I have a confession to make about my own journalistic bias: I have never rooted for a Houston sports team. Oh, I’ve got nothing against our state’s largest city; it’s simply a function of my birth. I was born and raised in the Dallas suburbs at a time when you watched three teams and three teams alone: the Rangers, the Mavericks, and the Cowboys (the Stars came along much, much later). My first-grade baseball team celebrated a league championship with a trip to the old Arlington Stadium, when Jim Sundberg played catcher and the great Fergie Jenkins was on the mound. My Boy Scout troop often bought tickets to see the Dallas Mavericks at Reunion Arena. But my fondest childhood memories are reserved for Tom Landry’s Dallas Cowboys, whom I watched cross-legged on the floor of my family’s living room. A team poster from McDonald’s hung on my bedroom wall; a Roger Staubach action figure sat on my shelf; and T-shirts, jackets, and hats filled my closet. Jeff Langston, one of my best friends in elementary school, had a “Luv Ya Blue” Houston Oilers pennant in his room, which I often studied as if it had arrived from another planet.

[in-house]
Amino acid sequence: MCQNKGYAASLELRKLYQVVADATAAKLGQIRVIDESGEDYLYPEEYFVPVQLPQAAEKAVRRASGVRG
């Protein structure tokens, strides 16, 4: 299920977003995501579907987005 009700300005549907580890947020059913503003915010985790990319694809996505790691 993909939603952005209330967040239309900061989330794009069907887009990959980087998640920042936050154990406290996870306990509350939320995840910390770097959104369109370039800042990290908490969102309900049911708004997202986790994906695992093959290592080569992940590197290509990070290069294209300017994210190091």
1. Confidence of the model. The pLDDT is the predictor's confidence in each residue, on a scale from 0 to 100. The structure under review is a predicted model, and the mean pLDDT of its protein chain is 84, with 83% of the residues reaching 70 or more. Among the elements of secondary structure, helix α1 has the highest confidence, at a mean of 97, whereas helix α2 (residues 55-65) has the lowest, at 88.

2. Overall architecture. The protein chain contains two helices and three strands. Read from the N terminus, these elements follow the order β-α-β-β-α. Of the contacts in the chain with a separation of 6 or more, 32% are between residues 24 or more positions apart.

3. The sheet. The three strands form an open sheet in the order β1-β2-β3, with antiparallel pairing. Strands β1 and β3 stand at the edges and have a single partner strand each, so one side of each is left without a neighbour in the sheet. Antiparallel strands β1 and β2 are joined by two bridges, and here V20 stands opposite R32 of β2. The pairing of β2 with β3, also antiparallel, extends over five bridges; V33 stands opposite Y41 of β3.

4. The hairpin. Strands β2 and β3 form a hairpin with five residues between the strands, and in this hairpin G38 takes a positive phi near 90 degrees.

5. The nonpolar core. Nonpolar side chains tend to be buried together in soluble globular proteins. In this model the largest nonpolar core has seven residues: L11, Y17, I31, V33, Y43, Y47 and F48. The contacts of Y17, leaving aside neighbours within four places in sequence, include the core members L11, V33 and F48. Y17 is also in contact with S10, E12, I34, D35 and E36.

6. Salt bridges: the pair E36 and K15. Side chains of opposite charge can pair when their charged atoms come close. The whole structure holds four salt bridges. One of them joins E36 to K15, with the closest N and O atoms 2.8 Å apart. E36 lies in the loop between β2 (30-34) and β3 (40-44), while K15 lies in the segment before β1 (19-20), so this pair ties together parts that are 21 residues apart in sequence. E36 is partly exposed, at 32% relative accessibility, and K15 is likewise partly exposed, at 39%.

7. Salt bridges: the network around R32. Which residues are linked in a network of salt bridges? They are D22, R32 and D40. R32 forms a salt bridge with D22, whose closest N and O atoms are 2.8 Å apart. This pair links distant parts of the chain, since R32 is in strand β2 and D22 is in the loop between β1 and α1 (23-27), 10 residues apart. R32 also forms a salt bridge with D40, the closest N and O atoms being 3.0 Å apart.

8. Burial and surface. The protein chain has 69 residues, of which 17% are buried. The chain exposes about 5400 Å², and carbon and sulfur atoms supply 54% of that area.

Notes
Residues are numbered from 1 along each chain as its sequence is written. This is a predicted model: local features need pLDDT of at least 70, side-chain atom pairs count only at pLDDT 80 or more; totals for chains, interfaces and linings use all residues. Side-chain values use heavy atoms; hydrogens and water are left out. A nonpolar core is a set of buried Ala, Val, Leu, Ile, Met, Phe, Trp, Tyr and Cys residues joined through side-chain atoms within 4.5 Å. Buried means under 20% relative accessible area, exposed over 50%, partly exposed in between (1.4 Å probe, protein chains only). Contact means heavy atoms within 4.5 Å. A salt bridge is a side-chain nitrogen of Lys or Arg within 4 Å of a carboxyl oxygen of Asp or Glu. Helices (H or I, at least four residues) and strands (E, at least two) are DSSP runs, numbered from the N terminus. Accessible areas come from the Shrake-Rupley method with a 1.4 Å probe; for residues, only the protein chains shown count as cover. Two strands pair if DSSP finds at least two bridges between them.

So how, then, am I supposed to feel about J. J. Watt, the best player in the NFL, who happens to suit up for the Houston Texans? (I am still smarting from the fact that the Texans, in their league debut, in 2002, humiliated the Cowboys on national television.) When I asked executive editor Skip Hollandsworth to spend some time with him for this month’s cover story, I knew that Skip’s situation was not that different from mine: a longtime Dallas resident, he has worshipped the Cowboys going back to the days of Don Meredith. What he learned having spent time with the six-foot-five, 289-pound superstar was that the most intense defensive end in the league also happens to be one of the kindest people in pro football. I told Skip that he wasn’t being skeptical enough—how can anyone be so talented and so gracious?—but he assured me that it was true. Watt appears to prove that nice guys can finish first. As for the rivalry, the only way that Houston and Dallas will play each other this year is if they both make it to the Super Bowl. Now that’s a matchup no native Texan could root against.